So while Cameron and his merry band of Europlastics prattle on about 'repatriation of powers'; a complete non-starter as the ever excellent Richard North points out, the Euro crisis continues to pull the EU down a gurgling plug hole. And the consequences of a chaotic, yet increasingly inevitable, breakup will not be good as this piece by Liam Halligan in the Telegraph argues. Liam is unconvinced by the latest 'extend and pretend' bailout package:
Far from making the situation clearer, allowing investors to make considered assessments, this latest announcement made Western Europe's grotesque debt crisis even more acute, sowing further infectious spores of confusion.And then comes the warning, that we are heading towards significant and serious civil unrest at the least:
By late Thursday...and certainly on Friday, the warning signs were there. Global bond markets, by character more sober and smarter than the excitable equity guys, were voting against the deal. This is alarming. For it is only by selling more bonds that the eurozone's deeply indebted governments can roll-over their enormous liabilities and keep the show on the road.
Let's be clear – if global bond markets stop lending to a number of large Western economies, we are in the realms of unpaid state wages and pensions, transport chaos and closures of schools and hospitals – sparking the prospect of serious civil unrest. Forgive my intemperate tone, but these are the dangers we face. And I'm afraid the only rational response to Thursday's announcement is that the probability of such undesirable outcomes has just been increased.Liam rightly argues that the only practical solution to the crisis is an orderly breakup of the Euro, but that ain't gonna happen (my emphasis):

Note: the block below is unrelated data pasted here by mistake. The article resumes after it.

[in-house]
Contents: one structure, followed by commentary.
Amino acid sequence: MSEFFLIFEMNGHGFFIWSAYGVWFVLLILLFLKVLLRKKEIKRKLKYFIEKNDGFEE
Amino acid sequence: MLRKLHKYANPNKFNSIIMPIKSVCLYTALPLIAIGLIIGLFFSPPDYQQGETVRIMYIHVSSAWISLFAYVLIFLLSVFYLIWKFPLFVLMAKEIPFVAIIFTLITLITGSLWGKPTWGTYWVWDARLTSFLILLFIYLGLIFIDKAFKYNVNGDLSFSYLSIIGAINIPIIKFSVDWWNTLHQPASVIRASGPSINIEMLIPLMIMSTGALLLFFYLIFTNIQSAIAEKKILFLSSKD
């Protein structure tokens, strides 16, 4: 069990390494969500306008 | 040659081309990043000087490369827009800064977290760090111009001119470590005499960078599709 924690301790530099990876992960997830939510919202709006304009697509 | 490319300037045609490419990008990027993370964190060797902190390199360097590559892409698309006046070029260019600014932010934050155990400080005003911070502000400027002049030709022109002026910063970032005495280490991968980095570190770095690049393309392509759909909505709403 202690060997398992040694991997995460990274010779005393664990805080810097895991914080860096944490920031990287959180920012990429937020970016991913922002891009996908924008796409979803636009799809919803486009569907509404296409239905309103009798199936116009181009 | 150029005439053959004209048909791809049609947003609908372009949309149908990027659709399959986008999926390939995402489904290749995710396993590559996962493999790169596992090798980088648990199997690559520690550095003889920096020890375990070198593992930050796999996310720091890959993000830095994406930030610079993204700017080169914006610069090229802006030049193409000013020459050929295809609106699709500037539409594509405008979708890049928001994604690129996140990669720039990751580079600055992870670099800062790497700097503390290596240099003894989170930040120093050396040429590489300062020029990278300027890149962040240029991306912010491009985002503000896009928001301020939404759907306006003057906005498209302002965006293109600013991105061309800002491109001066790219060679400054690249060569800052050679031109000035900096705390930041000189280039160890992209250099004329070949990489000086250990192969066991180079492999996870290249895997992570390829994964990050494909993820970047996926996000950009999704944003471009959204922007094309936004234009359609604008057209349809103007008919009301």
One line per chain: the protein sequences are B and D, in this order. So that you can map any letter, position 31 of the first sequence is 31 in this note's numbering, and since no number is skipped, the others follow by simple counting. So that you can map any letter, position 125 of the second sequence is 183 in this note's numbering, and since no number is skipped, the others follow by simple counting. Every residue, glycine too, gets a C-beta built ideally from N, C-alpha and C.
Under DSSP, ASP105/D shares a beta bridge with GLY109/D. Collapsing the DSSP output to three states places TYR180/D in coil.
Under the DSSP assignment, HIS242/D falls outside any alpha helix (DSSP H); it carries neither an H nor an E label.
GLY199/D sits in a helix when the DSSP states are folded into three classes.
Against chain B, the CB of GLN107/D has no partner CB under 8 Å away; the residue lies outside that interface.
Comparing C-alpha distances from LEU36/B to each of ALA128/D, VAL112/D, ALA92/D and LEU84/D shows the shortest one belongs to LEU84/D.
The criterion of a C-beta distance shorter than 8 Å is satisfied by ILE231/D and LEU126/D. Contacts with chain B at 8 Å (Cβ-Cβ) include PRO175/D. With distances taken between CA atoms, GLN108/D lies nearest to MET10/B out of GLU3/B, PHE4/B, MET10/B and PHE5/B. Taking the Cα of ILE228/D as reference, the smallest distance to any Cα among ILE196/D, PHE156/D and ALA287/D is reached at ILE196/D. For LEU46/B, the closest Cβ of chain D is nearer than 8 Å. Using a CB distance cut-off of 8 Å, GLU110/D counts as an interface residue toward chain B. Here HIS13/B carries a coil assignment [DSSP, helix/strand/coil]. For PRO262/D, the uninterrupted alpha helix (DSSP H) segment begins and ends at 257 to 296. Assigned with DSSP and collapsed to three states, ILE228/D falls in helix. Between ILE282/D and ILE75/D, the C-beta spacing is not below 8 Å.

The eurocrats, of course, lack the guts to trim back monetary union to a more manageable size. Too much face would be lost. So "euroquake" fears, once viewed as outlandish, are gaining pace. Despite Thursday's deal, and all the reassurances of a "durable solution", the Italian government on Friday paid 6.06pc for 10-year money, up from just 5.86pc a month ago and a euro-era high. Such borrowing costs are disastrous, given that Rome must roll-over €300bn of its €1,900bn debt in 2012 alone. A default by Italy...would make Lehman look like a picnic.Gulp! In truth there's little in the piece that isn't anything that this, and many other blogs, haven't said for months if not years. But at least some sections of the MSM are starting to wake up, though almost certainly it's too little, too late.
Update: Just seen that Autonomous Mind has a piece on the make up of the next European War; between the politicians and the people. Warnings are coming in thick and fast.